I have a favorite T-Shirt that says: “This was supposed to be the future. Where is my jetpack?”
I’m a twenty-something and my generation is one that has seen many of the idealistic promises of the last century come largely unfulfilled (jetpacks? flying cars? world peace? freedom and justice for all?).This means we’ve turned out as a pretty cynical generation, and we’ve made it something to be proud about. We’ve realized that everyone is trying to sell us something, that everything is product placement,,,
But the problem is that this cynicism might just kill our generation.
I have to admit as a twenty-something myself that cynicism is pretty seductive. When you’re cynical you don’t get hurt easily because you assume that everything is hopeless to begin with. Cynicism is a shield protecting us from disappointment. We don’t want our dreams thrown out like New Coke or NASA’s Space Shuttle Program so we just don’t have dreams anymore.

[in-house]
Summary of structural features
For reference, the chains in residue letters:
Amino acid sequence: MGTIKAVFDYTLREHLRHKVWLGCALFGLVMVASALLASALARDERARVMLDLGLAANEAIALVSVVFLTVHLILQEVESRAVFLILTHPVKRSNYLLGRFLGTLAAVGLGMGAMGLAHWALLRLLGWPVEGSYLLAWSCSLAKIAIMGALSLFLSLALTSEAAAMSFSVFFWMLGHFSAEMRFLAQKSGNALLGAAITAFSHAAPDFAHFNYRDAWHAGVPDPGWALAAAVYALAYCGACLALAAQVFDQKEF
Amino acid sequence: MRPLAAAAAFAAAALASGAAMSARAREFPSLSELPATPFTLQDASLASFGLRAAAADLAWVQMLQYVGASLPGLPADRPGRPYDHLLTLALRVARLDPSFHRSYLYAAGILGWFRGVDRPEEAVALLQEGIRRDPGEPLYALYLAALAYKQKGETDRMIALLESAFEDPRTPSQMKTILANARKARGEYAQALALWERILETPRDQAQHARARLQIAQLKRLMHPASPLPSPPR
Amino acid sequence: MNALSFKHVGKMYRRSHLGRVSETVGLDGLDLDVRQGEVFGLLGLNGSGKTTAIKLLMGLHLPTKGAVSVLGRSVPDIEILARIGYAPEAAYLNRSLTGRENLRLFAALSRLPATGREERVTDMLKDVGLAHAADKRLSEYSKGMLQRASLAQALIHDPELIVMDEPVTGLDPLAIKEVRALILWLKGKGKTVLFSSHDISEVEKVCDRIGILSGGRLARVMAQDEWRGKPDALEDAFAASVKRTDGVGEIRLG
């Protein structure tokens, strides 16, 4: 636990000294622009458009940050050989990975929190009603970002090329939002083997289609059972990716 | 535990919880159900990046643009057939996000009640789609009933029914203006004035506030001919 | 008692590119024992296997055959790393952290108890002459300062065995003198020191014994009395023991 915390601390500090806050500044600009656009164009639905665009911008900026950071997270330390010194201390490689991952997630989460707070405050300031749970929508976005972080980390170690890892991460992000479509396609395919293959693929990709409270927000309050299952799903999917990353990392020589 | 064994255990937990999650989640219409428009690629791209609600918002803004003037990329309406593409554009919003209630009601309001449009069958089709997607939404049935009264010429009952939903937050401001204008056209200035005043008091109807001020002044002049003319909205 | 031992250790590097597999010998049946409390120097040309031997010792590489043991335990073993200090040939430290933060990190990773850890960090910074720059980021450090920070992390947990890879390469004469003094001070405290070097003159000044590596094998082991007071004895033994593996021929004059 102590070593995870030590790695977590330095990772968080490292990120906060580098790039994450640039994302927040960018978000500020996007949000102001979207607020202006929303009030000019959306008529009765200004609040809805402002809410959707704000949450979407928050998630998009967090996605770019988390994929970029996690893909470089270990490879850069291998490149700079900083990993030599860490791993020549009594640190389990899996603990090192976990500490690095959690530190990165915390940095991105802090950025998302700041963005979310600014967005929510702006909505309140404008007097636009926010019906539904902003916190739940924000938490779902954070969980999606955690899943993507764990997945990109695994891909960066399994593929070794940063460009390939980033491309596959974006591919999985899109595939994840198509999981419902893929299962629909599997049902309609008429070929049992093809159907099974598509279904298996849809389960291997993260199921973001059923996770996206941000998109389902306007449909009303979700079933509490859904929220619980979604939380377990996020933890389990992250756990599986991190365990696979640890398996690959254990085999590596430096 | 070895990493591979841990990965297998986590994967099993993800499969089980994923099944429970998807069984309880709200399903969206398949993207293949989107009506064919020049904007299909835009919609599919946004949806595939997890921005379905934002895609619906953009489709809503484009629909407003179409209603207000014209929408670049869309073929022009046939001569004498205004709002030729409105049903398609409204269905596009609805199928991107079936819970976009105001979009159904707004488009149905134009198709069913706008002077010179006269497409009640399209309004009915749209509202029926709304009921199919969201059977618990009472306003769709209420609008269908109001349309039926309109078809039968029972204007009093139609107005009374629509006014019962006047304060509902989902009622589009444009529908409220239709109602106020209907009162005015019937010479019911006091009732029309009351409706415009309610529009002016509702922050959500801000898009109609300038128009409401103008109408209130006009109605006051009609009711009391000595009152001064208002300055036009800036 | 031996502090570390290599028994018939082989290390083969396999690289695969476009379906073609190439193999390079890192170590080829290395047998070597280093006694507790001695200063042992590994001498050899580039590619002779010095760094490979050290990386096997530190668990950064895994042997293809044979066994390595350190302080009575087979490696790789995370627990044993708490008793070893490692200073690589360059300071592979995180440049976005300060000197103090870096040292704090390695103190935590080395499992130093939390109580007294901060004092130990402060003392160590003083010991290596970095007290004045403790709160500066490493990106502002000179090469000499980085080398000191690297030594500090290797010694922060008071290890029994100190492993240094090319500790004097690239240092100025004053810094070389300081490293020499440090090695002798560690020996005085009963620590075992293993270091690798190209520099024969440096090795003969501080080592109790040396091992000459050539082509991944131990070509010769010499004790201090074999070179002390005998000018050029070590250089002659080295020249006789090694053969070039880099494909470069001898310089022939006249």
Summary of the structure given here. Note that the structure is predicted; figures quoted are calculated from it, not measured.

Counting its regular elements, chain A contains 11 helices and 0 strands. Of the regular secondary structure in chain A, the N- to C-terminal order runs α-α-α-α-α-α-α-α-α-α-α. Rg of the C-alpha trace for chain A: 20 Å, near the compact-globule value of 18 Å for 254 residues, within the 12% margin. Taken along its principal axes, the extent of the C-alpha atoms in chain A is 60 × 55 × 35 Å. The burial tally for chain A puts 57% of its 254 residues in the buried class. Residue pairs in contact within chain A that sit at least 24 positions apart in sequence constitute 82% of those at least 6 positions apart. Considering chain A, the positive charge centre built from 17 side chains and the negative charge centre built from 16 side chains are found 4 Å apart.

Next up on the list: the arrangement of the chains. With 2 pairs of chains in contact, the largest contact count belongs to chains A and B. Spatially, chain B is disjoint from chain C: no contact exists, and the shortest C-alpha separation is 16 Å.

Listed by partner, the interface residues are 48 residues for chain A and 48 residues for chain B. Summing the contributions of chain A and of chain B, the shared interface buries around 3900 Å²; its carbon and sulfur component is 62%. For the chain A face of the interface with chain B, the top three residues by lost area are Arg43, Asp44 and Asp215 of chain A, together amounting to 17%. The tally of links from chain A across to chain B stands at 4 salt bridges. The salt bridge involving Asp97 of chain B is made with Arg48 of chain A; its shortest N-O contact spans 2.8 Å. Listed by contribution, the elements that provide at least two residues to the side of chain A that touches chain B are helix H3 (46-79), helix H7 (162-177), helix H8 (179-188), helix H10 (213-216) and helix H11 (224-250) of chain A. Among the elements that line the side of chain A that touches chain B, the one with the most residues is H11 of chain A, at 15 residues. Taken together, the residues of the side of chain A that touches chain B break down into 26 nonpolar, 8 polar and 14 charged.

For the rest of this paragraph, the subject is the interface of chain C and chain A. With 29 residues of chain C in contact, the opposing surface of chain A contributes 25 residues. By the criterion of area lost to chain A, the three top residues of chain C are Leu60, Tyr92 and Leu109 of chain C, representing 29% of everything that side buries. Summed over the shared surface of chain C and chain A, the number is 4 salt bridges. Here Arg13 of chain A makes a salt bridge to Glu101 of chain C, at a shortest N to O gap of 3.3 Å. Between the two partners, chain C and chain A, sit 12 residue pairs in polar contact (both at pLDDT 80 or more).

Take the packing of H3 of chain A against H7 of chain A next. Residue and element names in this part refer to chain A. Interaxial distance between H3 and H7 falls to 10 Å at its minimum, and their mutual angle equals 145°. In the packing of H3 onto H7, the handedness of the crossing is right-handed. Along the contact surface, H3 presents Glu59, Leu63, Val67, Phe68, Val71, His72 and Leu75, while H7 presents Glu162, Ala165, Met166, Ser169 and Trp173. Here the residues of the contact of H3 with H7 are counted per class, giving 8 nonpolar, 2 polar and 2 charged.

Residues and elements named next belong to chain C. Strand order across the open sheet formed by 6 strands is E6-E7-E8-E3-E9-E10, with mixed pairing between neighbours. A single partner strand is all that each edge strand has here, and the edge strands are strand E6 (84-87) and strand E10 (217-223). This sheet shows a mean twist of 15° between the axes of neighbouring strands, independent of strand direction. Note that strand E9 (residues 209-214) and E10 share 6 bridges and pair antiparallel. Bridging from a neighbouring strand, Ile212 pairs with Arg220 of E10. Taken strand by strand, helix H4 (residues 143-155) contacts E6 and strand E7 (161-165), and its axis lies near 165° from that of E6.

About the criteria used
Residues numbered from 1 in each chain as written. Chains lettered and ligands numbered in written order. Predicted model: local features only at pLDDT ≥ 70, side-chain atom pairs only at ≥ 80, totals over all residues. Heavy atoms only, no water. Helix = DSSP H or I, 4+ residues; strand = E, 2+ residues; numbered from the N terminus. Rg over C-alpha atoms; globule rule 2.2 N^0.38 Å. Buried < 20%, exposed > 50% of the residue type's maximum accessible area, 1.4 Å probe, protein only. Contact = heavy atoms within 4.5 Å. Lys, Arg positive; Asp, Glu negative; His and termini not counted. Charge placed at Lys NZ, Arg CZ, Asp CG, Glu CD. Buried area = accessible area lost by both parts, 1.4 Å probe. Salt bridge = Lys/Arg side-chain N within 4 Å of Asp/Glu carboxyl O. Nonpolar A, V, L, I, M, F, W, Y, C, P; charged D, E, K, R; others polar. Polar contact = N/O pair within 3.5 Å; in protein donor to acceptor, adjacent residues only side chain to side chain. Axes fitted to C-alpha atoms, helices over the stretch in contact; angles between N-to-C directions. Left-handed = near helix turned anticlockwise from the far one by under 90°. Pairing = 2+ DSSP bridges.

When we cynically assume that every good venture will ultimately fail, we miss out on rejoicing where we should rejoice. We can be so guarded that when we see God at work, we think, “Well there are still a million things that can go wrong…” instead of simply seeing what God has done and rejoicing.
Though we live in a broken world, evidences of God at work are all around us and we glorify God when we rightly rejoice when we see him at work.
This seems to be the message that God is trying to get through to me lately.
“the duties that are required of us are not proportioned to the strength residing in us, but to the supply laid up for us in Christ”
John Owen, Works (Edinburgh, 1982), IX:109
From Ray Ortlund’s Blog